Table 45: Special Symbols in Both Text and Math Modes
†
‡ ...
\dag \ddag \ldots
§ ¶
\S \P
c £
\copyright \pounds
Table 46: Commands and Parameters in Picture Environment
put(x, y){stuff } multiput(x, y)(∆x, ∆y){number}{stuff } line(x, y){length} framebox(width, height)[p]{text} vector(x, y){length} dashbox{dashs ize}(width, height)[p]{text} circle{radius) makebox(width, height)[p]{text} circle*{radius) oval(width, height)[p] linethickness{dimension} p ∈ {l,r,t,b,lt,lb,rt,rb}. For oval, it is the portion selected; for boxes, p is where the text goes.
Some Tips
Here are some tips that apply in special situations. Structuring large documents. Theses, books, and other large documents are best managed with the \input command. The document might look like this:
118 Preamble \begin\{document} \input{Abstract} \input{Chapter1} \input{Chapter2} . . . \end\{document}
(a) Separate chapters in a document (input ﬁles are Abstract.tex, Chapter1.tex, . . . )
Some Tips Preamble \begin\{document} %\input{Abstract} \input{Chapter1} %\input{Chapter2} . . . \end\{document}
(b) Compiling just Chapter 1
This is also a good structure for coauthoring. Counting words. Under linux enter dvi2tty file.dvi  wc words This takes file.dvi as input into the program dvi2tty, which converts it into a plain text ﬁle (without latex commands). That output ﬁle is passed to the command wc, which counts the words. If you need to apply this to a portion of the document, such as an abstract, you can put that portion into a skeleton latex ﬁle and compile it. Using the above structure, this is particularly easy to obtain the word or line count of any section. Commenting text. Besides putting % in column 1, you can logically delete a block of text by \if 0 ... \fi. This is a good way to manage a document when you might want to remove some text with the idea that you it might be restored, at least in part. \if 0 stuﬀ here is ignored \fi (See §8.5 for more general control.) \newcommand vs. \def. It is generally better to use \newcommand because you will get an error if the command name is already deﬁned, such as by some package. The syntax is \newcommand{\name}[#]{what to do}; for example, \newcommand{\note}[1]{\texttt{Note: #1}} deﬁnes a \note command that has one argument. When you specify \note{hello}, you will get Note: hello in the text. \def is to be used only when you want to allow an override (without warning). Its syntax is \def\name{what} or \def\name#1{what} if there is one argument. To suppress printing all notes, deﬁned by the above \note command, you can specify \def\note#1{ }. This says to do nothing when seeing \note{stuﬀ}. You can have an \input ﬁle with many commands and environment deﬁnitions that you use repeatedly. It might have something like the following:
REFERENCES
\newcommand{\note}[1]{\texttt{note: #1}} % \def\note #1{ } % activate to suppress printing notes
119
A “better” alternative (avoiding \def) is to use
%\renewcommand{\note}[#1]{} % activate to suppress printing notes
The \note command is useful when collaborating, and you could deﬁne a separate one for each author, showing initials. There is also the \providecommand. This has the same syntax as \newcommand, but it does not issue an error if the command is already deﬁned. It does nothing if the command exists; otherwise, it deﬁnes the command. Making clear. It is good practice to use \ell in math mode when you want the letter ell because it is easier to distinguish \ell from the number 1. Compare vs. l with 1 — also compare the source: $\ell$ vs. $l$ with $1$. Also consult the TE X Catalog Online [14].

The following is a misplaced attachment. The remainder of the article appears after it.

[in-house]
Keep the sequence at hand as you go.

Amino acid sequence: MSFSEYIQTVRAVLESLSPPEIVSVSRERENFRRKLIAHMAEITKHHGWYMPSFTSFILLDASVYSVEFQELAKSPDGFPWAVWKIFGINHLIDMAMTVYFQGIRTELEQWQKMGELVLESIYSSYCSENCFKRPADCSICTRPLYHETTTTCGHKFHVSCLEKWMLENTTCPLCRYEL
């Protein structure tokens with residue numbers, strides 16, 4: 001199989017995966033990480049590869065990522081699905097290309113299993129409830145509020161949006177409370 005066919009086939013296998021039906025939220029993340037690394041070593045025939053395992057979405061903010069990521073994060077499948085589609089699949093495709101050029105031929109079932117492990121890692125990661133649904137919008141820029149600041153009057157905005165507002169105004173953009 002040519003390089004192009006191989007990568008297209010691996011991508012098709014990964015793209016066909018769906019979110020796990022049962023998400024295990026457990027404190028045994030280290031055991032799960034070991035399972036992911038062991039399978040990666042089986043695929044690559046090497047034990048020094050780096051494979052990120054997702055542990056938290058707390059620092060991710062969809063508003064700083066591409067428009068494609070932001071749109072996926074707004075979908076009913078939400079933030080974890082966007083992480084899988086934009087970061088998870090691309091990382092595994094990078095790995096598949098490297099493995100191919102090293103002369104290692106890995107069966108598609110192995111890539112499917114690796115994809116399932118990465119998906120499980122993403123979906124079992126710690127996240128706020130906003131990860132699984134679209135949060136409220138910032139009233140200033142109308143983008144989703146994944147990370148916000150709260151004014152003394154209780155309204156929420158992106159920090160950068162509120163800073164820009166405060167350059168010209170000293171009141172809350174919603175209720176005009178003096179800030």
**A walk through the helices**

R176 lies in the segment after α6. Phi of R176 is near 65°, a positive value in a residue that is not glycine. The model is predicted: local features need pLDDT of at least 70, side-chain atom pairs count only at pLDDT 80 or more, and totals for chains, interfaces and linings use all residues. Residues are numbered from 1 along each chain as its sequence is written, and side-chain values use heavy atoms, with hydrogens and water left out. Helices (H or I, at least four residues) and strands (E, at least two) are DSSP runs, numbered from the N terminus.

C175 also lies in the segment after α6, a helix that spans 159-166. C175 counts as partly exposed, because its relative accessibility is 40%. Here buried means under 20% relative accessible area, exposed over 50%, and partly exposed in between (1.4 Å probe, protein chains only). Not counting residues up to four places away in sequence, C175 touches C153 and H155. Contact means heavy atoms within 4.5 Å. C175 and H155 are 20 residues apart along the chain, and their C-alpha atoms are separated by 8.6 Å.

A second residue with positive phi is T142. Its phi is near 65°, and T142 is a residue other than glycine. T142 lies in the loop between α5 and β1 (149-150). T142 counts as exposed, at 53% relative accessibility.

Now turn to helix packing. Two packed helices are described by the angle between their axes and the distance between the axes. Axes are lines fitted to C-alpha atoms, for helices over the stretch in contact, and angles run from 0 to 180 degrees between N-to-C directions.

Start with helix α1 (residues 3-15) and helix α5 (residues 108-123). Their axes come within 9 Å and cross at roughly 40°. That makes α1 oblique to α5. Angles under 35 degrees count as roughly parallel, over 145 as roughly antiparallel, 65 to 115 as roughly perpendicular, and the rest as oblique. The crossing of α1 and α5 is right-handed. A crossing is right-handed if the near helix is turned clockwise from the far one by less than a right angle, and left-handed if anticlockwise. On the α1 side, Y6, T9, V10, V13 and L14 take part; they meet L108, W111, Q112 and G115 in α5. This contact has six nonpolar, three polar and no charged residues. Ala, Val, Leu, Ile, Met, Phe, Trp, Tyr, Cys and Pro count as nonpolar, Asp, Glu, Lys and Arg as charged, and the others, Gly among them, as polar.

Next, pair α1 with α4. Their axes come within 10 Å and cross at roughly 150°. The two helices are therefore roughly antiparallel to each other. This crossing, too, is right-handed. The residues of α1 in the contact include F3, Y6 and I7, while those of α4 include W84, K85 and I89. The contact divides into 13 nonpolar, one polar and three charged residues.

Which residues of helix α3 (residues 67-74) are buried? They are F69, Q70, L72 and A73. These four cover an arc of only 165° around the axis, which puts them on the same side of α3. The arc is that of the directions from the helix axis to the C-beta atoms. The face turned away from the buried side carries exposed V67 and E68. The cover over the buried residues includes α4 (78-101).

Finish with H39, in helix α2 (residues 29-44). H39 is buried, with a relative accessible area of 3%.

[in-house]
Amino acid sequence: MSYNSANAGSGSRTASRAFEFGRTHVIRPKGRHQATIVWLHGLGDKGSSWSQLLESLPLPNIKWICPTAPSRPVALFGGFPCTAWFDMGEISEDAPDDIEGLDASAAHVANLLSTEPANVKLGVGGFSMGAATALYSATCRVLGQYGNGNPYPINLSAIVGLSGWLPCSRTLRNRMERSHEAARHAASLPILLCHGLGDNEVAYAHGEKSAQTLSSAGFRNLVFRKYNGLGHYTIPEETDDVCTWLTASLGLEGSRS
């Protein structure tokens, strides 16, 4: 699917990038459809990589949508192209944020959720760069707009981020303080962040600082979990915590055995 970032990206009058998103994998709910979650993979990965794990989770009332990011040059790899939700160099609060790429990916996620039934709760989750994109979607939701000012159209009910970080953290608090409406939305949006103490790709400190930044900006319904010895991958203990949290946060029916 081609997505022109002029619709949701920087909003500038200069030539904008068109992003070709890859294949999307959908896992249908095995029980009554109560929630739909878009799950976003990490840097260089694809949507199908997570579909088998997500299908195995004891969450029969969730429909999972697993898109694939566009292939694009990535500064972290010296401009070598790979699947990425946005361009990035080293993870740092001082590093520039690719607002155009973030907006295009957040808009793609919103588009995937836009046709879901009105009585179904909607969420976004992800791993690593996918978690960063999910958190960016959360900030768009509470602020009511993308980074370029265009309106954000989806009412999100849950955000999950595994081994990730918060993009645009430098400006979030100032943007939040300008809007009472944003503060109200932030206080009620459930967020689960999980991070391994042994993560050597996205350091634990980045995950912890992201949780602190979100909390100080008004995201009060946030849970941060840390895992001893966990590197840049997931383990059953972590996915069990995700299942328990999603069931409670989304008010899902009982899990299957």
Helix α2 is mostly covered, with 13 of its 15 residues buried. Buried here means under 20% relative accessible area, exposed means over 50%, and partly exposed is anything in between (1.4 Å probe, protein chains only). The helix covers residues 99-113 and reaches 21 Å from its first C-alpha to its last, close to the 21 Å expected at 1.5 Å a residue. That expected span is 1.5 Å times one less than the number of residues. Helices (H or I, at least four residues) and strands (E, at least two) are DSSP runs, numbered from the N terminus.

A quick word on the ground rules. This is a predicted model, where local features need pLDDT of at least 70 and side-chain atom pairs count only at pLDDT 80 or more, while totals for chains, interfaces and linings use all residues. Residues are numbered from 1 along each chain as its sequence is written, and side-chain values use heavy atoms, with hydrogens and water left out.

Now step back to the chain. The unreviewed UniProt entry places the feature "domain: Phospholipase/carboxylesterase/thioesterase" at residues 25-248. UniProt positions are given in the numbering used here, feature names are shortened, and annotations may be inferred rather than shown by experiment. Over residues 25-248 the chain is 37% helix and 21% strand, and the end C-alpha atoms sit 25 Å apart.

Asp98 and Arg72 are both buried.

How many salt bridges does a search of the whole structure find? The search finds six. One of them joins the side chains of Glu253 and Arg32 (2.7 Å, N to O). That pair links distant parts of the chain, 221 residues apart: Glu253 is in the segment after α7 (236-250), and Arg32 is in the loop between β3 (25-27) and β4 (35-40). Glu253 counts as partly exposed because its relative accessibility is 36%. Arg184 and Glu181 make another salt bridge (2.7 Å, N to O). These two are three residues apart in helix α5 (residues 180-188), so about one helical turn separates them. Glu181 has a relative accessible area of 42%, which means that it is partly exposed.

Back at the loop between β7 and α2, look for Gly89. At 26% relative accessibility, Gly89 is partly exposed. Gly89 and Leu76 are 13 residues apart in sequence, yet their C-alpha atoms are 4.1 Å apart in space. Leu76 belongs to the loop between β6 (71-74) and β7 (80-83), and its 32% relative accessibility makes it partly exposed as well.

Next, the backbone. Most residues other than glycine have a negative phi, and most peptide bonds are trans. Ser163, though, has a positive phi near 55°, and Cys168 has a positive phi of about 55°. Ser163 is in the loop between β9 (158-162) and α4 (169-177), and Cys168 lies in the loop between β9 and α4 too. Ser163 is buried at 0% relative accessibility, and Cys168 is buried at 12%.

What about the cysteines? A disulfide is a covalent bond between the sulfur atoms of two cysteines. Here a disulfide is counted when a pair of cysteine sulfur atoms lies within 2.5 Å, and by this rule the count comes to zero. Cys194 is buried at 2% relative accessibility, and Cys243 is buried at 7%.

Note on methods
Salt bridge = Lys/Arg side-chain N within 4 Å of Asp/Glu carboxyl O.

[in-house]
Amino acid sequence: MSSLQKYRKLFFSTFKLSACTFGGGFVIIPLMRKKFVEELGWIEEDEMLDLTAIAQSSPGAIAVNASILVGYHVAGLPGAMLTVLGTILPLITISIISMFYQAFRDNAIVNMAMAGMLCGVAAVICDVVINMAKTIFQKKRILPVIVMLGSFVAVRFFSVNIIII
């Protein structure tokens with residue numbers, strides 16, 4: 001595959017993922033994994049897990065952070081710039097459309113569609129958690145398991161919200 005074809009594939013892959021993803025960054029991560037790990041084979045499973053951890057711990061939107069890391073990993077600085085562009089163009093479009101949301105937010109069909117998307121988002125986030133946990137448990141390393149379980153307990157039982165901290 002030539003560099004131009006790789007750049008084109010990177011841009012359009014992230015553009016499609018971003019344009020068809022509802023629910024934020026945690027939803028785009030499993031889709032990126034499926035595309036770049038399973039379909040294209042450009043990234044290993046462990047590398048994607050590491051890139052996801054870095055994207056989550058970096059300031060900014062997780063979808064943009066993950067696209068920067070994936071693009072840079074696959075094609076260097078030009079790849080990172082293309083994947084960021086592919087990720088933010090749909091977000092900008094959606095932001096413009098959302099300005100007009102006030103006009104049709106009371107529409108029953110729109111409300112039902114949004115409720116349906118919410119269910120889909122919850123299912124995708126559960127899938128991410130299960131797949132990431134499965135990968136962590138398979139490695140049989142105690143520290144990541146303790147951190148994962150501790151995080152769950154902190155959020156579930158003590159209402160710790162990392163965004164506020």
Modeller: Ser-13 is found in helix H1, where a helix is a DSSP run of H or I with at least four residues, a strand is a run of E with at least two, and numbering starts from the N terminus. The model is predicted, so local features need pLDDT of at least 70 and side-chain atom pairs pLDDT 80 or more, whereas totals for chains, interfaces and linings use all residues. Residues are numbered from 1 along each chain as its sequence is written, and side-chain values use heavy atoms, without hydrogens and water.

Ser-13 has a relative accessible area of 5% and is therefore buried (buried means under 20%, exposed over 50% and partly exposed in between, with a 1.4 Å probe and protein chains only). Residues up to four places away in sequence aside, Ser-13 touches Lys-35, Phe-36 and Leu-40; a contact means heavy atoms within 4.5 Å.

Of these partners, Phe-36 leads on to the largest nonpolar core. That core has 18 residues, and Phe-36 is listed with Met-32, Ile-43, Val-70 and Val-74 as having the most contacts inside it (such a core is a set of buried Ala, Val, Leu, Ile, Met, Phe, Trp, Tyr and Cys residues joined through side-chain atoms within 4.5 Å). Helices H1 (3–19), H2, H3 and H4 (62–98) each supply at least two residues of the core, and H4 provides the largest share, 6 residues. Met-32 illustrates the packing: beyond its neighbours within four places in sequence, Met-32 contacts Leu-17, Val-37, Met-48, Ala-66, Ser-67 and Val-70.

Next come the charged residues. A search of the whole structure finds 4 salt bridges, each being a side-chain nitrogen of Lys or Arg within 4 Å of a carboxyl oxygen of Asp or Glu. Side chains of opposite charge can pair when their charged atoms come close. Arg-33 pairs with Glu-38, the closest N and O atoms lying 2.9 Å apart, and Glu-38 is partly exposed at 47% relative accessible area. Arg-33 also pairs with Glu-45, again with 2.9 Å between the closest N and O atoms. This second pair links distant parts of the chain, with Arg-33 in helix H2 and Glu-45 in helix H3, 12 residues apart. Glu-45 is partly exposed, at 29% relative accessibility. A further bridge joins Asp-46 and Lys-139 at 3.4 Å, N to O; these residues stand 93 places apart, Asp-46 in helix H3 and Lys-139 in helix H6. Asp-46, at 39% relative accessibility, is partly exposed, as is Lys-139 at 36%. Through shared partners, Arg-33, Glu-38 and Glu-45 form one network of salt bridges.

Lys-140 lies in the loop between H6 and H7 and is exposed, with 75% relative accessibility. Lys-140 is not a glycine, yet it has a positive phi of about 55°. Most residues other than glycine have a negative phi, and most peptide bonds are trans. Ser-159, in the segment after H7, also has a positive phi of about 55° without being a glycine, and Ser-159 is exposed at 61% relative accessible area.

References
[1] Johannes L. Braams. Babel, a multilingual styleoption system for use A with L TEX’s standard document styles. TUGboat, 12(2):291–301, 1991. Available at CTAN [4]. [2] Johannes L. Braams, David P. Carlisle, Alan Jeﬀrey, Frank Mittelbach, A Chris Rowley, and Rainer Schöpf. L TEX 2ε and the LaTeX3 project. World Wide Web, http://www.latexproject.org/latex3.html, 1994–99. [3] David P. Carlisle. Packages in the ‘graphics’ bundle. World Wide Web, CTAN /macros/latex/required/graphics/ (see [4] for replacing CTAN), 1994–99. [4] Comprehensive TEX archive (CTAN). UK: ftp.tex.ac.uk/texarchive/; Germany: ftp.dante.de/texarchive/; USA: ftp.tug2.cs.umb.edu/texarchive/ . These are host sites, which contain a list of mirror sites.
A [5] Michel Goosens, Frank Mittelbach, and Alexander Samarin. The L TEX Companion. AddisonWesley Publishing Company, Reading, MA, 1994.
[6] John D. Hobby. A User’s Manual for MetaPost. Computing Science Technical Report no. 162, AT&T Bell Laboratories, Murray Hill, New Jersey, 1992. Available at http://cm.belllabs.com/who/hobby/ MetaPost.html/.
//www.0. AddisonWesley Publishing Company. Comprehensive TEX Archive. 1998–99 (version 1.uic.ps (see [4] for replacing CTAN). MA. The TEX Book.
A [12] Keith Reckdahl. World Wide Web site Version 2. 1995–99. Drawing Graphs with MetaPost. L TEX: A Document Preparation System. AddisonWesley Publishing Company. Murray Hill.edu/ depts/adn/infwww/ps/btxdoc. [15] Timothy Van Zandt. Available at http://cm. CTAN. 1994). PSTricks: PostScript macros for Generic TeX.gz. [8] Donald E.html. BibTE Xing. CTAN /info/epslatex.ps (see [4] for replacing CTAN). World Wide Web.ps.